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Claire Jeffers

Claire Jeffers is a freelance writer living in Portland, Maine. Follow her on Twitter: @claireeats

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Posted: July 12, 2016

Pig + Poet is for townies and travelers in Camden

Written by: Claire Jeffers
Outside Whitehall, the Camden inn that's home to Pig + Poet. Photo by Claire Jeffers

Outside Whitehall, the Camden inn that’s home to Pig + Poet. Photo by Claire Jeffers

A hundred years ago, Camden’s Whitehall Inn was where a 19-year-old poet made her debut before becoming world-renowned.

Today, the inn known simply as Whitehall is getting noticed for its hip, casual bar and restaurant, fit with exceptional cocktails, locally inspired food, wrap-around porches and chic fire pits.

Perched on the crest of a small hill, a half-mile from Camden Harbor, Whitehall was originally built as a sea captain’s house but is known best as the place where Camden poet Edna St. Vincent Millay was discovered during a reading of “Renascence.”

“All I could see from where I stood/Was three long mountains and a wood,” starts the poem inspired by the view from Mt. Battie, near the foot of which Whitehall sits.

An entire parlor room in the inn’s bright, stylish and expansive lounge area is devoted to Millay with books, photographs and even a piano where she sat and played. Hence half the name of Whitehall’s restaurant, Pig + Poet, which opened in May 2015 after boutique group Lark Hotels completed substantial renovations, gave the inn an updated look and shortened the name.

The “pig” in the restaurant’s name comes from its original chef, Sam Talbot, a finalist on Bravo’s Top Chef, who wanted to incorporate the use of whole animals on the menu. Although Talbot has since moved on, the concept remains, now in the talented hands of chef Dirk Yeaton. Bar snack offerings include crispy pig ears (think: French fries meet lightly burnt bacon), served with Yeaton’s rub and hot sauce for $10.

One of the outdoor fire pits at Pig + Poet. Photo by Claire Jeffers

One of the outdoor fire pits at Pig + Poet. Photo by Claire Jeffers

Millay probably wouldn’t recognize Whitehall’s interior, which is a mix of brightly colored, modern furniture and Angela Adams rugs and tapestries. Pig + Poet occupies a corner of the ground floor and has about 80 seats, 14 of them in the bar area and the rest in the main dining room, which extends into a covered porch. There’s also a private room and an intimate patio with plush furniture, a fire pit and string lights. This is the kind of restaurant patio, tucked into the building and shaded by trees, that feels more like a friend’s backyard.

Inside, a reclaimed barn-style door opens to the bar, where rope lights dangle overhead and cast light on intricate pipe light fixtures that extend across the dining room. The walls are covered in prints of branches, and there’s a distinct feeling here that you are at one with the woods and sea, a central theme at Whitehall.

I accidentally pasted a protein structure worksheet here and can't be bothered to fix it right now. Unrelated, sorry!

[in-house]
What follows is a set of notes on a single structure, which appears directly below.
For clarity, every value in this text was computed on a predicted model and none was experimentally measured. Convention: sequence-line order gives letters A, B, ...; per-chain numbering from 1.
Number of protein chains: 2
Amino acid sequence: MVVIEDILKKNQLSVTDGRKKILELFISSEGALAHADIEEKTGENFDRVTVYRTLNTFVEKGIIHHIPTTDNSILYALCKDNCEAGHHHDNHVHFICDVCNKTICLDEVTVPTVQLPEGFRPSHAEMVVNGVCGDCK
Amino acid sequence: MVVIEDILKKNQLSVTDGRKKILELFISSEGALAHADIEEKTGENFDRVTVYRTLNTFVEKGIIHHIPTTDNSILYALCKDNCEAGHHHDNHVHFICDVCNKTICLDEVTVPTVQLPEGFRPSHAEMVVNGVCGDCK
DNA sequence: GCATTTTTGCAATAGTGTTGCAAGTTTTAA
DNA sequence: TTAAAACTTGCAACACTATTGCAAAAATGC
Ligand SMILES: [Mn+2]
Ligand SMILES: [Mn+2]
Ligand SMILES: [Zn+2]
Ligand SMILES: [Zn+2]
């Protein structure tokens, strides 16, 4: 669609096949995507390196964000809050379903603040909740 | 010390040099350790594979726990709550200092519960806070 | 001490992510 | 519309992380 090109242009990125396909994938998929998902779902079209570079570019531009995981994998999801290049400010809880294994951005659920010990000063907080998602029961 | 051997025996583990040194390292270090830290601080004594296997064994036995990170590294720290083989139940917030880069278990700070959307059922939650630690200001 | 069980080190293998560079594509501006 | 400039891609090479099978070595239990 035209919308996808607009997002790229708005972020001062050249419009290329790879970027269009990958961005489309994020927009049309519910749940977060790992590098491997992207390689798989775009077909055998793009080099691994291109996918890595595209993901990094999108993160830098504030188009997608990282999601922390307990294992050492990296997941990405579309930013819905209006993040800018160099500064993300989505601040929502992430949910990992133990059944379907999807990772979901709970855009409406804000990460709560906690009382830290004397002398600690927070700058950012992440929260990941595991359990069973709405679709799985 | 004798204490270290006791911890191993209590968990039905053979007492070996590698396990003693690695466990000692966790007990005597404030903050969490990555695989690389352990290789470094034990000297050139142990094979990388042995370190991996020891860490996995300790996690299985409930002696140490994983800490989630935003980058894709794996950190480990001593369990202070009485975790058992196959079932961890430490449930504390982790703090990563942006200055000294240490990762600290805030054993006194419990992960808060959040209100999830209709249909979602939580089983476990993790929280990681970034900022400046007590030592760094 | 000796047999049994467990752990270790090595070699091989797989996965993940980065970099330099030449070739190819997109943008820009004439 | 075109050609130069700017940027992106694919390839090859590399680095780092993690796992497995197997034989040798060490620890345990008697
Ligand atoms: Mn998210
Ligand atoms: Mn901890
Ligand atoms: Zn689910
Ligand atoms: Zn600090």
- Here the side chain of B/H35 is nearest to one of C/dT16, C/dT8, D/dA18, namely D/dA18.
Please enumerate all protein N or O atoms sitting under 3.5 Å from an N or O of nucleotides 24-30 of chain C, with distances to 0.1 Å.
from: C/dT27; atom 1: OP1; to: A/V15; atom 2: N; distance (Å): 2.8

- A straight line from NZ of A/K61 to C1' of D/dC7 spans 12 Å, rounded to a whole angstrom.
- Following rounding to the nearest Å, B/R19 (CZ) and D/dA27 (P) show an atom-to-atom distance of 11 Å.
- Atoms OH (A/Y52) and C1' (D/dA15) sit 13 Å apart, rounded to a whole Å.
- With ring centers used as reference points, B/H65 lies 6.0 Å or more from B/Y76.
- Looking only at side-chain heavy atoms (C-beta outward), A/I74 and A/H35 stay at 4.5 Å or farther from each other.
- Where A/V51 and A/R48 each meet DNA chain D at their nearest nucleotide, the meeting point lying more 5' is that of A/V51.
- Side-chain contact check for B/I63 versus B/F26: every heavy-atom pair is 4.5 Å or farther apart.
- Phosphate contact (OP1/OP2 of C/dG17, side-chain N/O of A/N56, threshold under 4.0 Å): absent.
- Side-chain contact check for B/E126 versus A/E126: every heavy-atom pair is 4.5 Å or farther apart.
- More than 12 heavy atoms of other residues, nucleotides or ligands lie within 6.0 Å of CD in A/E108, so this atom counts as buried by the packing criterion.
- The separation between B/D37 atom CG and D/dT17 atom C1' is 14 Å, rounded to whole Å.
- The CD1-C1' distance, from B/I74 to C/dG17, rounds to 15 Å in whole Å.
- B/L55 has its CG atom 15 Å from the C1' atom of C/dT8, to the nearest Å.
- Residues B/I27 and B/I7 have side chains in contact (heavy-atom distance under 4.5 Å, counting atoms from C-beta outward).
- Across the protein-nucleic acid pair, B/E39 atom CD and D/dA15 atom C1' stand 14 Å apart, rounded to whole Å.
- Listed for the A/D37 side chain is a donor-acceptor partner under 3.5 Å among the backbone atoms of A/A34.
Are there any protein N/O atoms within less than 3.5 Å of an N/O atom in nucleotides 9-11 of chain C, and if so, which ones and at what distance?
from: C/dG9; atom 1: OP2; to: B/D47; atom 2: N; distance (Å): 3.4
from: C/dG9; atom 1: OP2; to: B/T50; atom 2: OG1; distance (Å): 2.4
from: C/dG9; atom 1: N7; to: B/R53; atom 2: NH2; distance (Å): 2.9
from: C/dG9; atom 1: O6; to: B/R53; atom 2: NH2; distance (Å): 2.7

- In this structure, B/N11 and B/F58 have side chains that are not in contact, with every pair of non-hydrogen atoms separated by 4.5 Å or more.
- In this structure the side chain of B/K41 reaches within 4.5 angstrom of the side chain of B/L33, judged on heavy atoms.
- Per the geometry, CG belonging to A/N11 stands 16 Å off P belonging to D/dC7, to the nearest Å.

The restaurant and hotel are open from early May through end of October. This season, the restaurant’s general manager, Barry Hunter, said he is seeing a lot of repeat guests who are now bringing in friends and becoming regulars. Most come in for the cocktails, and there’s a steady bar crowd. There are the nightly guests of the hotel, which has a capacity of about 75 people, but Hunter said more than half of his clientele is from the Camden community. It’s really not just a hotel bar; walk-ins are welcome.

One major reason for the recent shift in clientele is bar manager Dennis Carey. If you’ve lived in the Camden/Rockport/Rockland area in the last couple decades, you know why. Carey has tended bar for over 25 years, most recently at the acclaimed Shepherd’s Pie in Rockport, until it closed this spring.

Carey has incorporated some local drink favorites into the menu but is constantly testing recipes and creating specials, such as the cucumber sake sangria ($8) and cilantro martini ($12). Both shared one distinct quality: being unique.

The Spicy Paloma is made with house-infused fresno pepper tequila, fresh squeezed lime, grapefruit and agave for $8. Photo by Claire Jeffers

The Spicy Paloma is made with house-infused fresno pepper tequila, fresh squeezed lime, grapefruit and agave for $8.
Photo by Claire Jeffers

Carey spends hours before the bar opens squeezing fresh juice and using what’s on hand to craft something original, like a beet shrub or a house-made orgeat syrup for the mai tai ($10). Guests are encouraged to take cocktails to the patio overlooking High Street and relax on rocking chairs, start a game of corn hole or just sit by the fire.

Great for groups, as well as solo bar-goers who can slip a book of poetry off the shelf and settle in, Whitehall has masterfully integrated the hotel and restaurant experience for regulars and travelers alike. Come dressed to the nines or sporting flip-flops; this is a place to discover and make all your own.

Pig + Poet

WHERE: 52 High St., Camden
PHONE: 207-236-7911
WEBSITE: www.pigandpoetmaine.com
HOURS: Bar is open 3-10 p.m. every day; dinner is served 5-9 p.m. Wednesday through Monday
AMENITIES: Spacious outdoor patio with fireplace, outdoor swing, corn hole yard game, wrap-around porch, stylish lobby area and seating, piano played by Edna St. Vincent Millay, private dining room available
BOTTOM LINE: Pig + Poet manages to find a happy medium between casual and elegant. Come for a celebratory cocktail and feast or a laid-back, feet-up, beer-in-hand Friday afternoon. Drink menu offers nine cocktails and nightly specials, in addition to local beers on tap, cider and a sophisticated wine list that will cater to everyone. Expect a steady crowd most nights at the bar, open May through October.
WHEELCHAIR ACCESSIBLE: Yes

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